Photo Credit @Serindipty

How do I fix this mistake?

Tone down one feature so it becomes a "secondary focus" but isn't at the same level as your first focus. Don't make it so bland that it just blends in, because then you lose the depth of the room, just tone it down a slight bit.

Pet Peeve #6: Over organized

Now I love structure. I do. So sue me? I love organization and I love when things have a place and you know exactly where to put it back when you are done with it. Blame that on me being raised by a military father. Plus, let's be honest, I personally need that sort of a system in the spaces I inhabit so that I can function with everything else that I have going on in my life. With that being said though, I do believe there is a difference between every item has a home in a given space, versus, every item needs to be placed back where it belongs in this very specific manner and way and it has to be the exact same every time. In other words I like organized spaces, but I'm not overly intense about organization.

Here's what I mean. Again, I chose a beautiful space that just needs a few tweaks to make it spectacular to illustrate my point:

Photo Credit @hack the

This is organization gone too far. Because everything is folded perfectly, because belongings are all have their exact cubby or box, because the bed has to be made a very specific way, the space ends up feeling colder. It reads more like an ikea than your home.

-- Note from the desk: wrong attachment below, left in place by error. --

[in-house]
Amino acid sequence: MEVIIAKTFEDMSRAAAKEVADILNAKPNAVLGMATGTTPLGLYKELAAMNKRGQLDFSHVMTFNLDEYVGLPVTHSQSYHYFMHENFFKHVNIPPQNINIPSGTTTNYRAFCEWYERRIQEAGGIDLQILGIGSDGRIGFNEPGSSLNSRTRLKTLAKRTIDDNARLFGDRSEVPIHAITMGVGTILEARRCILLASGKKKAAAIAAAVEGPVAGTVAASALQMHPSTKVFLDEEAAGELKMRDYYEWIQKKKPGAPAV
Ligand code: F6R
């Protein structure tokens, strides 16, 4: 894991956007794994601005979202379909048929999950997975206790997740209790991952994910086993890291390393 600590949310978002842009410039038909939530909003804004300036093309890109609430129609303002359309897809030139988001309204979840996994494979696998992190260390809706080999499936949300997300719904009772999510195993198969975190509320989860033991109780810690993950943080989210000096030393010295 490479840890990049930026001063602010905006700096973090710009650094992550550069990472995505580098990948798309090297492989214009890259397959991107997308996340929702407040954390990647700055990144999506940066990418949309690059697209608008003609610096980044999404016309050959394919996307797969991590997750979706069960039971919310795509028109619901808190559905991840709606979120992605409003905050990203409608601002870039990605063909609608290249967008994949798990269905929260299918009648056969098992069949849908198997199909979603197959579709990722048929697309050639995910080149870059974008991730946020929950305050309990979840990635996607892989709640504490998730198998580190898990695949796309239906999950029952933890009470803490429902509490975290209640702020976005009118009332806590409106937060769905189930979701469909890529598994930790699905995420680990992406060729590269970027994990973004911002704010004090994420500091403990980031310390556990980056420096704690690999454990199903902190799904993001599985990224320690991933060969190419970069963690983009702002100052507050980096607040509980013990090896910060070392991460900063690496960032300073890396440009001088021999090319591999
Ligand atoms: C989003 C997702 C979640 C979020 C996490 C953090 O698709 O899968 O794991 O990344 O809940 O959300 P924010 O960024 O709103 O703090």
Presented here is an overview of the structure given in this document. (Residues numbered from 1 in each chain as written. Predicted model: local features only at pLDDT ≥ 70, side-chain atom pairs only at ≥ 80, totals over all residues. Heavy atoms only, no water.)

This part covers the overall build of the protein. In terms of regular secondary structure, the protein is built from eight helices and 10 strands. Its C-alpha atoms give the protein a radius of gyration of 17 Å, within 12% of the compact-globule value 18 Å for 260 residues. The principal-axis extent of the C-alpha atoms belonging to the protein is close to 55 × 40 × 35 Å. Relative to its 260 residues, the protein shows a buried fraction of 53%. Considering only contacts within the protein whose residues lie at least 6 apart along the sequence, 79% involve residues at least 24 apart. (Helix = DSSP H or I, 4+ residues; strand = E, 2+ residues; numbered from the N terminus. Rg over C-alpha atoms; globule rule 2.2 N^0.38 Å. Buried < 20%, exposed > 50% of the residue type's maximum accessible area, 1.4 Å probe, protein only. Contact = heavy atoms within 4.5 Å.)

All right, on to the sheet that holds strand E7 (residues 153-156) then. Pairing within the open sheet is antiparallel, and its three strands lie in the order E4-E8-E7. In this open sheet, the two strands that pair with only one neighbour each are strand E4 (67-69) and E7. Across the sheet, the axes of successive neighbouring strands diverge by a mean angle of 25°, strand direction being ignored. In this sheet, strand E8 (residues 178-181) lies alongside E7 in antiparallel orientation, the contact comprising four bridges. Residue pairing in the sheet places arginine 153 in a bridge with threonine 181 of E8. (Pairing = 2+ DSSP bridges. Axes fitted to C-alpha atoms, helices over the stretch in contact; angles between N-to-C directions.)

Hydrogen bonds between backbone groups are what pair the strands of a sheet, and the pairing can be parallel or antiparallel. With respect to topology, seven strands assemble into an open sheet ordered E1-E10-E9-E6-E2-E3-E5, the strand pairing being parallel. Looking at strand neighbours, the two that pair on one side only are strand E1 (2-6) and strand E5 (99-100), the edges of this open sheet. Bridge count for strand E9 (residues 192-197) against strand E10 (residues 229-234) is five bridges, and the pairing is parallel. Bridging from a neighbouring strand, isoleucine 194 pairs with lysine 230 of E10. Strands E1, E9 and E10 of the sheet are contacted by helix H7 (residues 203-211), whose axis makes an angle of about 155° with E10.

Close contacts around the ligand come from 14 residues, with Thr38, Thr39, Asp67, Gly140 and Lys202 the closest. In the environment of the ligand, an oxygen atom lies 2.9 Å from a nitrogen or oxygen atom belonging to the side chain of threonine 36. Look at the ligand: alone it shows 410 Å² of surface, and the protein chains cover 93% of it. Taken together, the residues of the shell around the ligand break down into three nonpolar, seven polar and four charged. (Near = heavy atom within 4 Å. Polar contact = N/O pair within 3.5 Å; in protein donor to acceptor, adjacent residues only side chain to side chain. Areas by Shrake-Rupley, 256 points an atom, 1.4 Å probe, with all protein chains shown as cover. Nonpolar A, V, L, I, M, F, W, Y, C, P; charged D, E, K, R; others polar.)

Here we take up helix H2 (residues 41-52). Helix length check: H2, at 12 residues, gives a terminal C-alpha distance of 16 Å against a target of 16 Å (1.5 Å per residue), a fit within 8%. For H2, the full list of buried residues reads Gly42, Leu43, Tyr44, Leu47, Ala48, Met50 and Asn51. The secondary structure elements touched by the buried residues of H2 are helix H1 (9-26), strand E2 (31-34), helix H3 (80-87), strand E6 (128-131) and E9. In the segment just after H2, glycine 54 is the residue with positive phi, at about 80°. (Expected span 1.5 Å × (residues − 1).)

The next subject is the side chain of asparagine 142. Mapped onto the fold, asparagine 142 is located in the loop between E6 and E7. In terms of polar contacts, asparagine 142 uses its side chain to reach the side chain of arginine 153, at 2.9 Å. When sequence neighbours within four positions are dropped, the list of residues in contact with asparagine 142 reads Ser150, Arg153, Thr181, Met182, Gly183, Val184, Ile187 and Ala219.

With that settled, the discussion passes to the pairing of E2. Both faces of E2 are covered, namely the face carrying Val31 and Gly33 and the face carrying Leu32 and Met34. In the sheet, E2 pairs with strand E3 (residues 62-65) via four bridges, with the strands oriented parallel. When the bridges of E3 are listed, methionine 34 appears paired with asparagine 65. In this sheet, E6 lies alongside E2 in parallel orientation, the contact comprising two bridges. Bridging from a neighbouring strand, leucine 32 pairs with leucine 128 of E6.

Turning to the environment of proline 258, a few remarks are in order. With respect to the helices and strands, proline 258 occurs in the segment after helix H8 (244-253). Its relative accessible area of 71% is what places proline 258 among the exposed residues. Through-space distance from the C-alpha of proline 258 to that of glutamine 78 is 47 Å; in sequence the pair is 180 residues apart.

How do you fix this?

Shake up the lines and throw in some asymmetric shapes! Perhaps you drape a throw blanket in a diagonal across the bottom of the bed. Perhaps you introduce a graphic or piece of art that has curves. Perhaps you add a round side table to one side of the bed with a plant. Do something to break up all these 90 degree angles and straight lines and that will come with having some items "place" not actually be tucked away into a cubby.

While I only got through 5 of my top 10 pet peeves (Don't worry, there will be more to come soon...) I hope this at least gives you a little something to mull over as you get creative in developing your own designs. Good luck! :)

And as always, feel free to tell me about your own design pet peeves!

Forever Grateful,